7. Renewal of a covenant: when two people get married they establish a covenant. That covenant is said to be consummated by the first sexual experience together. Thereafter, every sexual moment experienced by the two is an act of covenant renewal. In this way, sexual intimacy is an act of worship.
8. Integration of body and spirit: the act of being sexually intimate is both profoundly physical and sublimely spiritual. Worship is another experience which comes close to such a situation. When we experience a profound sense of worship with and toward our God, whether that be in a worship service with many others or in the woods all by ourselves, there is a sense in which our body is physically involved and our spirit is ecstatically involved.
9. A dim foretaste of true intimacy between God and humans. Sexual experiences are never perfect and are often quite broken; yet, they always point to something higher. They are a fore-shadowing of the intimacy that we will one day experience in the heavenly realms when the Kingdom of God has come in all of its fullness. God and humans will finally be united in a spiritual intimacy that will be greater than any we have known on earth. All of the loneliness and brokenness of our relationships on earth will disappear with one moment of the intimacy of heaven. Jesus pointed out that there is no marriage in heaven (Matthew 22:30) and so in one sense there will be no sexual intimacy in heaven. Yet, in another sense, our entire time in heaven will be an ecstatic, intimate, and symbolically sexual experience. Thus, sexual intimacy points to the union of Jesus Christ and His bride, the church.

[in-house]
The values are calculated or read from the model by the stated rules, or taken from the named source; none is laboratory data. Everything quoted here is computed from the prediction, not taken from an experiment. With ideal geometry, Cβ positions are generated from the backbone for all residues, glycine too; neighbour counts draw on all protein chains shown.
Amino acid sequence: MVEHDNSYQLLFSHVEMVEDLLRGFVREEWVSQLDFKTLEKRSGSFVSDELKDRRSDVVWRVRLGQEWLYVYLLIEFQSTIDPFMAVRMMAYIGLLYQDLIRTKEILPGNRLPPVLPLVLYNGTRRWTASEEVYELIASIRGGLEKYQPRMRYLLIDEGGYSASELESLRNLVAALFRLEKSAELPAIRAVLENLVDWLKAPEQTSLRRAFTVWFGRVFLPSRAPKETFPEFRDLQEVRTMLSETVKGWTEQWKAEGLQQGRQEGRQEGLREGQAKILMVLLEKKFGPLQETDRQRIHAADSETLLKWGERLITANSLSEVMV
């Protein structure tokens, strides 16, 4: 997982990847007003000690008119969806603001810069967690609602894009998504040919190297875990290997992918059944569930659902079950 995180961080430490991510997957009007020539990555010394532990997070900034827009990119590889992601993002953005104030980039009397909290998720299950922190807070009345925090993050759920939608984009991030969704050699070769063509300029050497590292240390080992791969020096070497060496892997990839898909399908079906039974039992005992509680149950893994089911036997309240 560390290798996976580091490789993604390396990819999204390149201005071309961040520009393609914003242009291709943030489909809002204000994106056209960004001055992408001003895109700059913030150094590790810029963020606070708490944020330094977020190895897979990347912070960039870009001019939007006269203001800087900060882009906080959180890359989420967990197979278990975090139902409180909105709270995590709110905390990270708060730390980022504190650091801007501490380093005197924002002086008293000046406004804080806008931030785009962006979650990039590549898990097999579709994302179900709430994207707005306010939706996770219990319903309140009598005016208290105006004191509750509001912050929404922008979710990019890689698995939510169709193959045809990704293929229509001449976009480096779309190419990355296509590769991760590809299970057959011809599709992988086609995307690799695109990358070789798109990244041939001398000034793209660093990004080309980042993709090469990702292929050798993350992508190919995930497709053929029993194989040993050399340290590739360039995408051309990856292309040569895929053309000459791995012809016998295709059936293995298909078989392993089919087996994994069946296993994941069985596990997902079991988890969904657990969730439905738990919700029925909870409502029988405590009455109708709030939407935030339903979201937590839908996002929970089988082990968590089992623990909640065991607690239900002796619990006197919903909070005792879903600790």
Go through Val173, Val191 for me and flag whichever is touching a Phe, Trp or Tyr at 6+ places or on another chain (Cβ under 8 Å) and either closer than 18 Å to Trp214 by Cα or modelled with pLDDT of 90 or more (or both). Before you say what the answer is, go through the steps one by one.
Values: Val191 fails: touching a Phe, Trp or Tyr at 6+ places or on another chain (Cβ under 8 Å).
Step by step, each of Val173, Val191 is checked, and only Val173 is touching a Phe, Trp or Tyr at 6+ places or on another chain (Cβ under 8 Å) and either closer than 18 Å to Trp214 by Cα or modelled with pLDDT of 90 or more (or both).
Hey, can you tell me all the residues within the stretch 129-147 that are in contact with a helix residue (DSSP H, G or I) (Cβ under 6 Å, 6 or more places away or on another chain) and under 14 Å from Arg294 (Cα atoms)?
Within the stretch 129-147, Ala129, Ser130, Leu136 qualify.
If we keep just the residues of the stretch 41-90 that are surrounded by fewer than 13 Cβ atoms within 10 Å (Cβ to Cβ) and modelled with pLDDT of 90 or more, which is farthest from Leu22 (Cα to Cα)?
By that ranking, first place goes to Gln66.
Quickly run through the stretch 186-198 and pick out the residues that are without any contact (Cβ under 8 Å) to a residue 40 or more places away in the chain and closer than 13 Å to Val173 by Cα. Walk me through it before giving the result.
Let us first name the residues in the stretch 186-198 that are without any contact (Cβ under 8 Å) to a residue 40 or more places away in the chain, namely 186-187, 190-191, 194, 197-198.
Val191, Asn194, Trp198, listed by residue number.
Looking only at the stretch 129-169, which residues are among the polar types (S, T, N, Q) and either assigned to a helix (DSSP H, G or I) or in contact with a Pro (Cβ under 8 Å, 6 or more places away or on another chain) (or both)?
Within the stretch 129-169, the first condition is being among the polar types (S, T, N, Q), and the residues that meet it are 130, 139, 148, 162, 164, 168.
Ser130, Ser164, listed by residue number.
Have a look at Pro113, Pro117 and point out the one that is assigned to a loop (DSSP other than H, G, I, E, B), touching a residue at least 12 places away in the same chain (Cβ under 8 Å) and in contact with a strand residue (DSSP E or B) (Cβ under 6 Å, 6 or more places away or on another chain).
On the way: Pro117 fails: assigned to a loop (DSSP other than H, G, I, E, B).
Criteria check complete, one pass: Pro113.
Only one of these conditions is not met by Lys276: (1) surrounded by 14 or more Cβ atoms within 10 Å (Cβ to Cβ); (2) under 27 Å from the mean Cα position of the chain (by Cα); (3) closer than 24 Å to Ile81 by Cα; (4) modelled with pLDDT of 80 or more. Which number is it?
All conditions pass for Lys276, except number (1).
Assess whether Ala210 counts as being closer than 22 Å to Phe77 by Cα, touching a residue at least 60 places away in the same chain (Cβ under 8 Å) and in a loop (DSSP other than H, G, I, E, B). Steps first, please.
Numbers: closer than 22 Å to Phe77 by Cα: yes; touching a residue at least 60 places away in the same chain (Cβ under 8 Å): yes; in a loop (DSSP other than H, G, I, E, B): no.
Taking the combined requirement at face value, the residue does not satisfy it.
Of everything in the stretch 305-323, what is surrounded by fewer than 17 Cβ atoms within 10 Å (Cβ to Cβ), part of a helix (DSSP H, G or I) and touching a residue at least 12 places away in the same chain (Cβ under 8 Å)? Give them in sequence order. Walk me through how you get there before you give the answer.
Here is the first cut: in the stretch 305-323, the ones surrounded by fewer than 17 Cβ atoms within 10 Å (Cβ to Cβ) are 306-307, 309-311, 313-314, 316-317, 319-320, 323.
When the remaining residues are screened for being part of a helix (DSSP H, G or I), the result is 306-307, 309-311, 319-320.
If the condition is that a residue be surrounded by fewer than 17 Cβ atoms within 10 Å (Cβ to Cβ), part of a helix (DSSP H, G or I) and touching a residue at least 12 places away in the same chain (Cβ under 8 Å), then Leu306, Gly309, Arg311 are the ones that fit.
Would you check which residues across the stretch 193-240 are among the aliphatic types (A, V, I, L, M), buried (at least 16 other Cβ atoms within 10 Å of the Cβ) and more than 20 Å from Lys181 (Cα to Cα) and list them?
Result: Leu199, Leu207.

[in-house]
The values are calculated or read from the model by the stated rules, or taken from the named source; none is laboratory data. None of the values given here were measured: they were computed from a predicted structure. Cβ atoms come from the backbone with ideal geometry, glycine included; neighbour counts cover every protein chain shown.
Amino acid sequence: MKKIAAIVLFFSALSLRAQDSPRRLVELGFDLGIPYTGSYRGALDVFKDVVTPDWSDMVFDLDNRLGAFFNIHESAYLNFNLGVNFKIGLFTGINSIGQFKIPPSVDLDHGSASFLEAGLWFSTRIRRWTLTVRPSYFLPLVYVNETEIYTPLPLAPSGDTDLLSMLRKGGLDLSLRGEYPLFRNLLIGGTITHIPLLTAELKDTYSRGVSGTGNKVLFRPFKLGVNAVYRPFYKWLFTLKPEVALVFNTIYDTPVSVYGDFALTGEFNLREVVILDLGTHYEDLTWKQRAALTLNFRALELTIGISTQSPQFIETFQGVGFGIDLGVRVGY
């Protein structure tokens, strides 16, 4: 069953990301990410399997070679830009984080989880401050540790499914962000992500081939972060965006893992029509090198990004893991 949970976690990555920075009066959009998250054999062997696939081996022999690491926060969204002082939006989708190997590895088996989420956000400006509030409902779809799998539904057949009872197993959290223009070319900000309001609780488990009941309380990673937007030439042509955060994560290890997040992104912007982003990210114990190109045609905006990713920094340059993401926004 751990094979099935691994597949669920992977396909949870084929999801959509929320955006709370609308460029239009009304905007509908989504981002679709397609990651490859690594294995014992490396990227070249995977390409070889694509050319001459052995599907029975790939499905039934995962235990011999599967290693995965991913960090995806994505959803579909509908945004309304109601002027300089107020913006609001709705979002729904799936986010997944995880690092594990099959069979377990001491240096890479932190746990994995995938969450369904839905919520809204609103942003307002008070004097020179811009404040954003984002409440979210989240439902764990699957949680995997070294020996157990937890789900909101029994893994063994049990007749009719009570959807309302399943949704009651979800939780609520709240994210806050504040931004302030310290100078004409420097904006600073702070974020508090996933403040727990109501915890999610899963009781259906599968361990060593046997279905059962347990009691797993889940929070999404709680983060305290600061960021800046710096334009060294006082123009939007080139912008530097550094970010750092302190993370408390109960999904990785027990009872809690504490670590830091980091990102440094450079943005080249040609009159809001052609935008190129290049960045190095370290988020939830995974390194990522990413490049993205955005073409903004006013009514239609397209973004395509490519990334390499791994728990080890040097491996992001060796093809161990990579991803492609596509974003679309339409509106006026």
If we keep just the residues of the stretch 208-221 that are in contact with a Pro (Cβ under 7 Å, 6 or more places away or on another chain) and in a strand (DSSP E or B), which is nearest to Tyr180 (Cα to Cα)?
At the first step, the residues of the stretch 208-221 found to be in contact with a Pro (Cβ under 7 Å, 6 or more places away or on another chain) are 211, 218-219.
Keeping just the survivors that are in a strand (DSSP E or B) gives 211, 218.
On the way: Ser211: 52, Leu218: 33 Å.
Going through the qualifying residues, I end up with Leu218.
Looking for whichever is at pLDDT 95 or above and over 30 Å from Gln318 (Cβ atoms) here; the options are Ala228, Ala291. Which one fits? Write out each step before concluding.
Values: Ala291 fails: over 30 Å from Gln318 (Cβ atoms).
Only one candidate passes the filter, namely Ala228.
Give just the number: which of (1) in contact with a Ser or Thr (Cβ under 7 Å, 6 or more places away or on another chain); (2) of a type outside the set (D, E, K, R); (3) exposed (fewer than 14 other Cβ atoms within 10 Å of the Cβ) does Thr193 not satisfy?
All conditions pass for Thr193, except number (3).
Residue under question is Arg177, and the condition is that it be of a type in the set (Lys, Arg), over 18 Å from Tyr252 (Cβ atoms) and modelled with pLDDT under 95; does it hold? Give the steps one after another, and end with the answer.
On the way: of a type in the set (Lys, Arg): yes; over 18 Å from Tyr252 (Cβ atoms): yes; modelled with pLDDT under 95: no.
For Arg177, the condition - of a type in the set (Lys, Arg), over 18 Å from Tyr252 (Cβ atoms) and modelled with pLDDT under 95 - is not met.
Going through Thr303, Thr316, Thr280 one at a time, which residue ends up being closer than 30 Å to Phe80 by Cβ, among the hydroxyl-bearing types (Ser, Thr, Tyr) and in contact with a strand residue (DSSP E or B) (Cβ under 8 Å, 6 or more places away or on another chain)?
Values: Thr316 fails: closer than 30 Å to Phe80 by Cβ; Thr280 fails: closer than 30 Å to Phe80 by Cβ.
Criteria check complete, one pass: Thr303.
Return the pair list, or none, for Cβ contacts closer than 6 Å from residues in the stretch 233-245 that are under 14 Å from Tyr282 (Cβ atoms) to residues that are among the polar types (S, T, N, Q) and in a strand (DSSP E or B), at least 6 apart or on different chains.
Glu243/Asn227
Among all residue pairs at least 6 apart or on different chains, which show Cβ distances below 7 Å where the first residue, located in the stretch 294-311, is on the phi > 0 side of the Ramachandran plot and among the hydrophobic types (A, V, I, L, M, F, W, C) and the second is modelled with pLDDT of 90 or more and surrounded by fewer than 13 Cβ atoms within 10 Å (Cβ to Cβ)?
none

10. An image of the faithfulness of God: sexual intimacy and its incumbent faithfulness of the two persons is a shadow of God’s faithfulness to humans. God is the faithful husband who returns time and again to his unfaithful wife, asking her once more to be faithful to him. The whole book of Hosea is a tribute to the unrelenting love of God for His people.
I am aware that there is some overlap among these purposes and there may yet be other purposes not listed. The aim has been to begin the conversation and set a framework within which we will talk about sex in future blog entries. As we conclude, there is one more thing we must understand in this discussion: sexual intimacy is essential to our being, but it is not necessary. God could have created a world without sex. Nature has examples of other methods of reproduction within biology. Yet, most of the organisms on this planet do use sexual reproduction. Sex is woven into the very fabric of our earth. Our God had a reason for making things the way he did. He wanted us to be aware of the many purposes and consequent inferences of sexual intimacy.
Interact with us on this. Why do you think sexual intimacy exists? What are the first answers that enter your mind when you hear that question? How many of these purposes would be controversial? What opinions on the purposes for sex would we find in our dominant culture?
 See The Meaning of Marriage by Timothy Keller, Dutton Adult, 2011.
 See the blog post “A Biblical Theology of Sex” by Dr. Jim Eckman at http://graceuniversity.edu/iip/2011/02/a-biblical-theology-of-sex/
 See this sermon by Tim Keller at https://www.youtube.com/watch?v=0naSKU7ElsY